The overlaying theme of the daunting prequel films shows the power of love and the actions it can drive another to commit. The great love song of Anakin and Padmé is placed lower on this list due to the poor portrayal of the characters in the film.
7. “Cantina band”
The first scene that shows off the creative alien culture and costume design of the “Star Wars” universe is of the famous cantina scene, featuring this toe-tapping piece from Figrin D’an and the Modal Nodes. Along with the catchy tune are the character introductions Han Solo and Chewbacca.
6. “Yoda’s theme”
Yoda is the ideal Jedi and represents the true power of the force. He is wise, calm and never lets emotions take control of his actions. This theme empowers everything our favorite puppet has to offer.
5. “Duel of the Fates”
John Williams was still at his best 16 years after the “Return of the Jedi” when he reprised his role as composer in the new trilogy. “Duel of the Fates” stood out as the crowning gem from this new body of work, and featured a dramatic choir to add to the effect.
4. “The Asteroid Field”
One of the most engaging space fight songs, as Han Solo and company flee from Darth Vader and a fleet of tie fighters while navigating through a massive asteroid field.
3. “Binary Sunset”(The Force Theme)
Back in 1977 when we first meet Luke Skywalker, there is much uncertainty in the young man’s future. This theme is first heard when Luke is immature and follows him to the climatic finale when he becomes a Jedi Master, giving a whole new meaning of the Force.
2. “The Imperial March”
Darth Vader, a dark intimidating mysterious figure who is one of the greatest villains of all time, is represented by a powerful military theme. It strikes fear into the audience whenever this theme is heard, because something bad is coming towards the heroes.
1. “Opening Theme”
The song that started it all. In 1977, unsuspecting movie-goers experienced the exciting brass hit followed by the iconic scroll text and the tone-setting theme. This timeless wonder can be experienced by anyone on first watch and is yet to be experienced by future generations.
What did you think of our selections?
Give us a visit online and leave us a comment
By ALEX FRUECHTENICHT
Taurus (April 20-May 20)
Much like your sign, you are grabbing life by the horns, and all this forward thinking and productivity is going to start paying off. Happy birthday, as well!
Gemini (May 21-June 21)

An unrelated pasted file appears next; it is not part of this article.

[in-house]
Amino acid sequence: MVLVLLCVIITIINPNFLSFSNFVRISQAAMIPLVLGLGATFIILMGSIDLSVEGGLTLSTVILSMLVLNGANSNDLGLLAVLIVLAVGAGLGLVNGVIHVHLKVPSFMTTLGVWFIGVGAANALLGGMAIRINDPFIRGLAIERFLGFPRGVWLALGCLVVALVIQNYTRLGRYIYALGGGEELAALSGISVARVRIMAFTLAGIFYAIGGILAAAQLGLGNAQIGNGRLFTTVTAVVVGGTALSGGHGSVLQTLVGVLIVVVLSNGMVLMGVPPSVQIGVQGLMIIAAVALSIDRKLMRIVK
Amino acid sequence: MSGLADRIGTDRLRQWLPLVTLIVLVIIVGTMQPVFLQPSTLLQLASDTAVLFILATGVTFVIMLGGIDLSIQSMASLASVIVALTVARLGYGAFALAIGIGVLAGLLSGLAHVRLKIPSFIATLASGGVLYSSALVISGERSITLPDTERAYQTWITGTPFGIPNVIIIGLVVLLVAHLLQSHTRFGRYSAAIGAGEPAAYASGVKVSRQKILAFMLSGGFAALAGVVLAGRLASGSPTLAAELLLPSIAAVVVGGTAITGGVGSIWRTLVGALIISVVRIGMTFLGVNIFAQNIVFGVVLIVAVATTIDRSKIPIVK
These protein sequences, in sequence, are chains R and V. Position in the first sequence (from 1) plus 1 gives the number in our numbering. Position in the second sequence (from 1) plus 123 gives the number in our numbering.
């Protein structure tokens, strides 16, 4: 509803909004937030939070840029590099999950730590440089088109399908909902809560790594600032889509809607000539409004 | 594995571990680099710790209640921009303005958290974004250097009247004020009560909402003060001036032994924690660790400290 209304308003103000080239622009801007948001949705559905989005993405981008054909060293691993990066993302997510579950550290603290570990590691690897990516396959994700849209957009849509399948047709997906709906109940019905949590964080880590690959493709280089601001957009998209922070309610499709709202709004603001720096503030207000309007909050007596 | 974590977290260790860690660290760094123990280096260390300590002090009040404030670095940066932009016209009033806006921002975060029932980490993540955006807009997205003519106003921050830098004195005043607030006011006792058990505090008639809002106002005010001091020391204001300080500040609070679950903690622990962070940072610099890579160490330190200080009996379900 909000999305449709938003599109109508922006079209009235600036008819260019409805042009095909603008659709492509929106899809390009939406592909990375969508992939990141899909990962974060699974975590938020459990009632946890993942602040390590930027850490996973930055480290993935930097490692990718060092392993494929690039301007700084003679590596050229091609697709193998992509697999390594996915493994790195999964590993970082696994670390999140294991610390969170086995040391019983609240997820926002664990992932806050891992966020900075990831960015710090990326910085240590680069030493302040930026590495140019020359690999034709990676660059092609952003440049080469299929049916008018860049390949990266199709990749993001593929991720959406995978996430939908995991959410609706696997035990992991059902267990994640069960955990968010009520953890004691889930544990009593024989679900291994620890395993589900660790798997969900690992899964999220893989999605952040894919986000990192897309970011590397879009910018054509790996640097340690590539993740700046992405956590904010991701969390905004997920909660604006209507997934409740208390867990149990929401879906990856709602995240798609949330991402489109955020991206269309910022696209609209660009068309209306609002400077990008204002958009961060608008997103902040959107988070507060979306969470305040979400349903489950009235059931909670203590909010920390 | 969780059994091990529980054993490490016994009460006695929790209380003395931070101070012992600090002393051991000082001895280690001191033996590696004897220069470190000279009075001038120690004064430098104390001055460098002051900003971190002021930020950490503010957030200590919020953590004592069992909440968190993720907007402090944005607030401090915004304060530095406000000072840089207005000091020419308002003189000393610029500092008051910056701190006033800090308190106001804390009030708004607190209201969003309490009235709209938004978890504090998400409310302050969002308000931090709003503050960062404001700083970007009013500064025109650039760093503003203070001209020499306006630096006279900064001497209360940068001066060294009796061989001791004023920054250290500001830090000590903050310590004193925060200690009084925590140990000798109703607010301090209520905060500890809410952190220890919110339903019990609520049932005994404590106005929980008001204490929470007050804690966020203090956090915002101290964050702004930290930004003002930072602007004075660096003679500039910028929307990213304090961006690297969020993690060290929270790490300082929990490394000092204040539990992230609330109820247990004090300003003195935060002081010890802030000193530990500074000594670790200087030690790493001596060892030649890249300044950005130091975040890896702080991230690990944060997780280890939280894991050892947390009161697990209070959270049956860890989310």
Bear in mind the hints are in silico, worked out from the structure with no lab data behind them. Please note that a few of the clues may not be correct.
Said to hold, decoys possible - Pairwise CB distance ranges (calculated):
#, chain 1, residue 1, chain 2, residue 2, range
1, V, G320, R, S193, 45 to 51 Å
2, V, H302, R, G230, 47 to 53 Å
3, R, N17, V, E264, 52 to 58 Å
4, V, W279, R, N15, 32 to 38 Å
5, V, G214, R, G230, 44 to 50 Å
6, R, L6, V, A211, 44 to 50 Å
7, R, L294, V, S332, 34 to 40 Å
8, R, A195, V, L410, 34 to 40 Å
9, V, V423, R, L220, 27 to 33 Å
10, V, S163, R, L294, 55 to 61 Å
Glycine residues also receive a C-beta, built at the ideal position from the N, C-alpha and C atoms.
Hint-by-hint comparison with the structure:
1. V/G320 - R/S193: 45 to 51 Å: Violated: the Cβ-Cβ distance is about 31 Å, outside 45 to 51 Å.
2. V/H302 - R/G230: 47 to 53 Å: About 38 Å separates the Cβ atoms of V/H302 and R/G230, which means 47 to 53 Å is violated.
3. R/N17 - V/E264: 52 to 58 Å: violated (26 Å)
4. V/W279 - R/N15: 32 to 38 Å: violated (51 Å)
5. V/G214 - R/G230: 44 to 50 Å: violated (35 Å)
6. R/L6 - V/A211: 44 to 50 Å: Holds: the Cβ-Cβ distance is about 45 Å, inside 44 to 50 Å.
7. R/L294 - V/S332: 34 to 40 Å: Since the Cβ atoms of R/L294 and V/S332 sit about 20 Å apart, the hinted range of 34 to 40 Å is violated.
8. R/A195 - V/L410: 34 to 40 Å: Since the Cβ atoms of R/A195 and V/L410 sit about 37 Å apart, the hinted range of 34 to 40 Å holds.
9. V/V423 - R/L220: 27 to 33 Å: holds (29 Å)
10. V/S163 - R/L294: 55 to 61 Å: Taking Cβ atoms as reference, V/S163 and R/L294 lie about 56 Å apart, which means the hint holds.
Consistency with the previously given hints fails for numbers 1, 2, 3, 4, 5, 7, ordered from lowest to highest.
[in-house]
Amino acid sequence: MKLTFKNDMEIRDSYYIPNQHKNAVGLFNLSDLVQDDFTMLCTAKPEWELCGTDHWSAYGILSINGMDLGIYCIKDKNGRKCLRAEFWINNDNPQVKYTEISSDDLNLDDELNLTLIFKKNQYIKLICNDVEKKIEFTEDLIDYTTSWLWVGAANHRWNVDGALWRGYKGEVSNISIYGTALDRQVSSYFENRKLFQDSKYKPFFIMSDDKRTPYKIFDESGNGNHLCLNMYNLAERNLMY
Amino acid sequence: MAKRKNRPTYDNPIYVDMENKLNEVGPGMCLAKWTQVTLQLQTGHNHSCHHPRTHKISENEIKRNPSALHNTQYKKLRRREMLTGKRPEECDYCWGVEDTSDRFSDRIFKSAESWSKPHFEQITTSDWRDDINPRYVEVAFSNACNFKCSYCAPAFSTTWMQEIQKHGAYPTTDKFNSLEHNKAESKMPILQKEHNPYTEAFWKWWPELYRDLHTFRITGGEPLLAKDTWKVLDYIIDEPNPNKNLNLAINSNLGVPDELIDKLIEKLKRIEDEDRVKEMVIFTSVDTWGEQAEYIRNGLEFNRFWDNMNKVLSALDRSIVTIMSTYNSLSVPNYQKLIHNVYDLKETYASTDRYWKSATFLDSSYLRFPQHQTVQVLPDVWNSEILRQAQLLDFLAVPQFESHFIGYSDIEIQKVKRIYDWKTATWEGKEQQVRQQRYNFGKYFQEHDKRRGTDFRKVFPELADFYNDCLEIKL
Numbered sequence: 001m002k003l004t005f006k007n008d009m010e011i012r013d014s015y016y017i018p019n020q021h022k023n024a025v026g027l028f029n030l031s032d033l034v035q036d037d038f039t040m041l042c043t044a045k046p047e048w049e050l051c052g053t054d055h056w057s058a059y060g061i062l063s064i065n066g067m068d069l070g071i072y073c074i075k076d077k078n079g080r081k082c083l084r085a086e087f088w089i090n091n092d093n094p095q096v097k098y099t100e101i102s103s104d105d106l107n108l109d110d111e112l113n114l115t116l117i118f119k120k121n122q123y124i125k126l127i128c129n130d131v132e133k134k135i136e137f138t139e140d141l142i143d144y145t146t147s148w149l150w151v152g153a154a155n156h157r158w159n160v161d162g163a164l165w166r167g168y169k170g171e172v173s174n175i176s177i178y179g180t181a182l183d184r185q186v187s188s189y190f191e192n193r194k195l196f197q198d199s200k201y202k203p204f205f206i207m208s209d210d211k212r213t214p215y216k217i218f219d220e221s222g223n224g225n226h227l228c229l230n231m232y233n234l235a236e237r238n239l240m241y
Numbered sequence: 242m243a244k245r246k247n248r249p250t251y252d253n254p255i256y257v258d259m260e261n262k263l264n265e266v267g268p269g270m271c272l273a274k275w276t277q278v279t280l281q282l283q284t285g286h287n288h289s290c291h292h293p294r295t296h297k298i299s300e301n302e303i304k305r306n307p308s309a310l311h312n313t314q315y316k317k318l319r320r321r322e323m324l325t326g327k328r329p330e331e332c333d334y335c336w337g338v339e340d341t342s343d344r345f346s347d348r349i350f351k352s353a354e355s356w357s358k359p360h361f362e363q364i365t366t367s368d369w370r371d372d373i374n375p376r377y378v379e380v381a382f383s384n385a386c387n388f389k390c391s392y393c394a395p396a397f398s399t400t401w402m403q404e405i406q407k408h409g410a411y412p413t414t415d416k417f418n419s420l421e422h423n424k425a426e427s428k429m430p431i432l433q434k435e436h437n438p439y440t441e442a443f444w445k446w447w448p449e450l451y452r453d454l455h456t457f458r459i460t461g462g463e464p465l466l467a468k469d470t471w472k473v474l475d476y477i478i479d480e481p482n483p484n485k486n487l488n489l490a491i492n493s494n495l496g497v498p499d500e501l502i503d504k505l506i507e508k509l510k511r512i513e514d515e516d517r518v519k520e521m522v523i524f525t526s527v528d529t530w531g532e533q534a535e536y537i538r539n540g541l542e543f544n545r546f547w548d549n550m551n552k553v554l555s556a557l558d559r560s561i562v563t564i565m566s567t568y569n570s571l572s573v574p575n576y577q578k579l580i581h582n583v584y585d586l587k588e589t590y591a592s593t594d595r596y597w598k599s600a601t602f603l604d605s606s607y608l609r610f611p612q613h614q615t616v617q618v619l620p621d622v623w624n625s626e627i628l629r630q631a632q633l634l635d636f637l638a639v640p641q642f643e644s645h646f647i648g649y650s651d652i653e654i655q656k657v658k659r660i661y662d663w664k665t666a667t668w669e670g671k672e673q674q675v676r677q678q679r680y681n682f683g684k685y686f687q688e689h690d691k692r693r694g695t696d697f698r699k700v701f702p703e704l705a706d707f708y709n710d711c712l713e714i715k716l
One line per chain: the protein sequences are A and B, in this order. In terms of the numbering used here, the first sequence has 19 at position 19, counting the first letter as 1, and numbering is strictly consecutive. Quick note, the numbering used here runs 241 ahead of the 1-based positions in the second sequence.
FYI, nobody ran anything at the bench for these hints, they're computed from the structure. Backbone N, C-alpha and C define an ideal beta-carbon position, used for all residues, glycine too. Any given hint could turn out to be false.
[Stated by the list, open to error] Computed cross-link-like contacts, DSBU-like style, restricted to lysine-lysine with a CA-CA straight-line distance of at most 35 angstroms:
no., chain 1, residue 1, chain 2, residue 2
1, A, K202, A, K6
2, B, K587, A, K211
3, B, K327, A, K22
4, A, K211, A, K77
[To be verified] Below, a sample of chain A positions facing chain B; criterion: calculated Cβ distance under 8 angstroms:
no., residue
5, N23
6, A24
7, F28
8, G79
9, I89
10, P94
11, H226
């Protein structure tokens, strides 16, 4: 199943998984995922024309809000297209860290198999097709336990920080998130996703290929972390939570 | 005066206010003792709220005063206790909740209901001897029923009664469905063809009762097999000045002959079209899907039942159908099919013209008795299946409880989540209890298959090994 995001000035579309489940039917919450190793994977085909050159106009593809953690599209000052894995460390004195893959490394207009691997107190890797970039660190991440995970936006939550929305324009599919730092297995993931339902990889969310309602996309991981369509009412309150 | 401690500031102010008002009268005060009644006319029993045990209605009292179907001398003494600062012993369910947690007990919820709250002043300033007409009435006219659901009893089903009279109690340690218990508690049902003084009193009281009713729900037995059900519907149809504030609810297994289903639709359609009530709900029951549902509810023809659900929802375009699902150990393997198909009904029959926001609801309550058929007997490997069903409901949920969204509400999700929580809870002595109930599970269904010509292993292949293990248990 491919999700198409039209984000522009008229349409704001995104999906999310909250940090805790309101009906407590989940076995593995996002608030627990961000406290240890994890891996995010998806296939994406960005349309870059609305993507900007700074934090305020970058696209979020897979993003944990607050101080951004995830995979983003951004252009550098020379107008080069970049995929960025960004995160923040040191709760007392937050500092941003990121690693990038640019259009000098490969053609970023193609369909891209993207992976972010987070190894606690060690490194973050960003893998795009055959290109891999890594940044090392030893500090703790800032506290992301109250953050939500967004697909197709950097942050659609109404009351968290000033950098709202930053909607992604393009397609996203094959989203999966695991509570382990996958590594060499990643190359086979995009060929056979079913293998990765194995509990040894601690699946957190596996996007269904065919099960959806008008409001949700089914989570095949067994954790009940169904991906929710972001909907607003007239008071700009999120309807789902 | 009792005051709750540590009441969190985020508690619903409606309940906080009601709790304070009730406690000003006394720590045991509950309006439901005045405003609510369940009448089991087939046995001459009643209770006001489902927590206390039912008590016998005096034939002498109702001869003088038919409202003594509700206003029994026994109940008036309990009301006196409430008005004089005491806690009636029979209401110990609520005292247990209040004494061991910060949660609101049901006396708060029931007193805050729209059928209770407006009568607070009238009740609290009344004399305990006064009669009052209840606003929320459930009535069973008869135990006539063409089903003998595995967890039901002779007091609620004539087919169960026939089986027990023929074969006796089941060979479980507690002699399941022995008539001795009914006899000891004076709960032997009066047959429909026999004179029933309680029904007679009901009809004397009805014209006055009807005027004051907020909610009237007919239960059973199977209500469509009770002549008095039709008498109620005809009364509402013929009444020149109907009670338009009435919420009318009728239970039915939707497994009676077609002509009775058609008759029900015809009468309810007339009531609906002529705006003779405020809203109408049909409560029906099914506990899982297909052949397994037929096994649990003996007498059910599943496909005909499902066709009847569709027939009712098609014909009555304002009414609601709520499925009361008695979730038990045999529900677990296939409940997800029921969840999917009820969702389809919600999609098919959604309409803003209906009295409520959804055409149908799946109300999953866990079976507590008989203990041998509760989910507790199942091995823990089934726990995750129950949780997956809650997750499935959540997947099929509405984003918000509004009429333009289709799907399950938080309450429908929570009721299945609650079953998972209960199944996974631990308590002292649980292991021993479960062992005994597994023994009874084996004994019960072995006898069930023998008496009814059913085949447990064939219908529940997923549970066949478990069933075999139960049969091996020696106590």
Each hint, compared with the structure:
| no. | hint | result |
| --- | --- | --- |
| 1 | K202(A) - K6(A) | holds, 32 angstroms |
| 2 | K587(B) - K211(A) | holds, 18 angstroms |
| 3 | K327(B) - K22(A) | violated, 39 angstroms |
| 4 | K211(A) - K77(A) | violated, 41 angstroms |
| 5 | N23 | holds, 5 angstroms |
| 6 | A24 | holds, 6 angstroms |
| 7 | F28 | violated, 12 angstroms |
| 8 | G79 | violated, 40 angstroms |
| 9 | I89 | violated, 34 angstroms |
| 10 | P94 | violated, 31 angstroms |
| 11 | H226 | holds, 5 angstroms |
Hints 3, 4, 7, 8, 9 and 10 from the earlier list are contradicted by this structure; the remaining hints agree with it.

Good on you, Gemini. Your selfless deeds have not gone unnoticed by the stars and will be kept in mind the next time you need a little help yourself. And that is unfortunately going to be soon.
Cancer (June 22-July 22)
The summer is coming and you need to lather on that sunscreen and get going on those plans. Your target is a productive summer. Now, fire!
Leo (July 23-Aug. 22)
Leo, bro, has anybody told you lately that you’re awesome? No? Well, take it from me, the almighty cosmos, you are awesome. Keep it up!
Virgo (Aug. 23-Sept. 22)
If you’re standing, take a seat, pour yourself some tea and take a nice deep breath for yourself. Going 100 mph with your hair on fire isn’t what you need right now.
Libra (Sept. 23-Oct. 22)
Did you know that you’re coming up to a major change in your life? Well, grab your backpack and strap up. I promise that you’re gonna like this one.
Scorpio (Oct. 23-Nov. 21)
There’s nothing wrong with treating yourself every once in awhile, Scorpio. Go out and grab yourself something nice. Maybe expensive too! You deserve it.
Sagittarius (Nov. 22-Dec. 21)
Keeping your eyes on your friends and family is very commendable, and they will not forget that you have their back when it matters.
Capricorn (Dec. 22-Jan. 19)
Grab some takeout, get comfy and throw on a movie. Just sit back and enjoy your day of you.You’ve really earned it.
Aquarius (Jan. 20-Feb. 18)
Having the time of your life, eh? Well, keep in mind that all play and no work makes Jack a dumb boy. Don’t be like Jack, study for a little bit this summer.
Pisces (Feb. 19-March 20)
Just because everyone else is in a bad funk doesn’t mean you should stoop down into the depths. Keep yourself up with your fellow man. Fight hard and stay positive!
Aries (March 21-April 19)
Grab your keys, some friends and a few days off of work so you can go out and take a very much-needed vacation. I hear the beach is beautiful in the summer.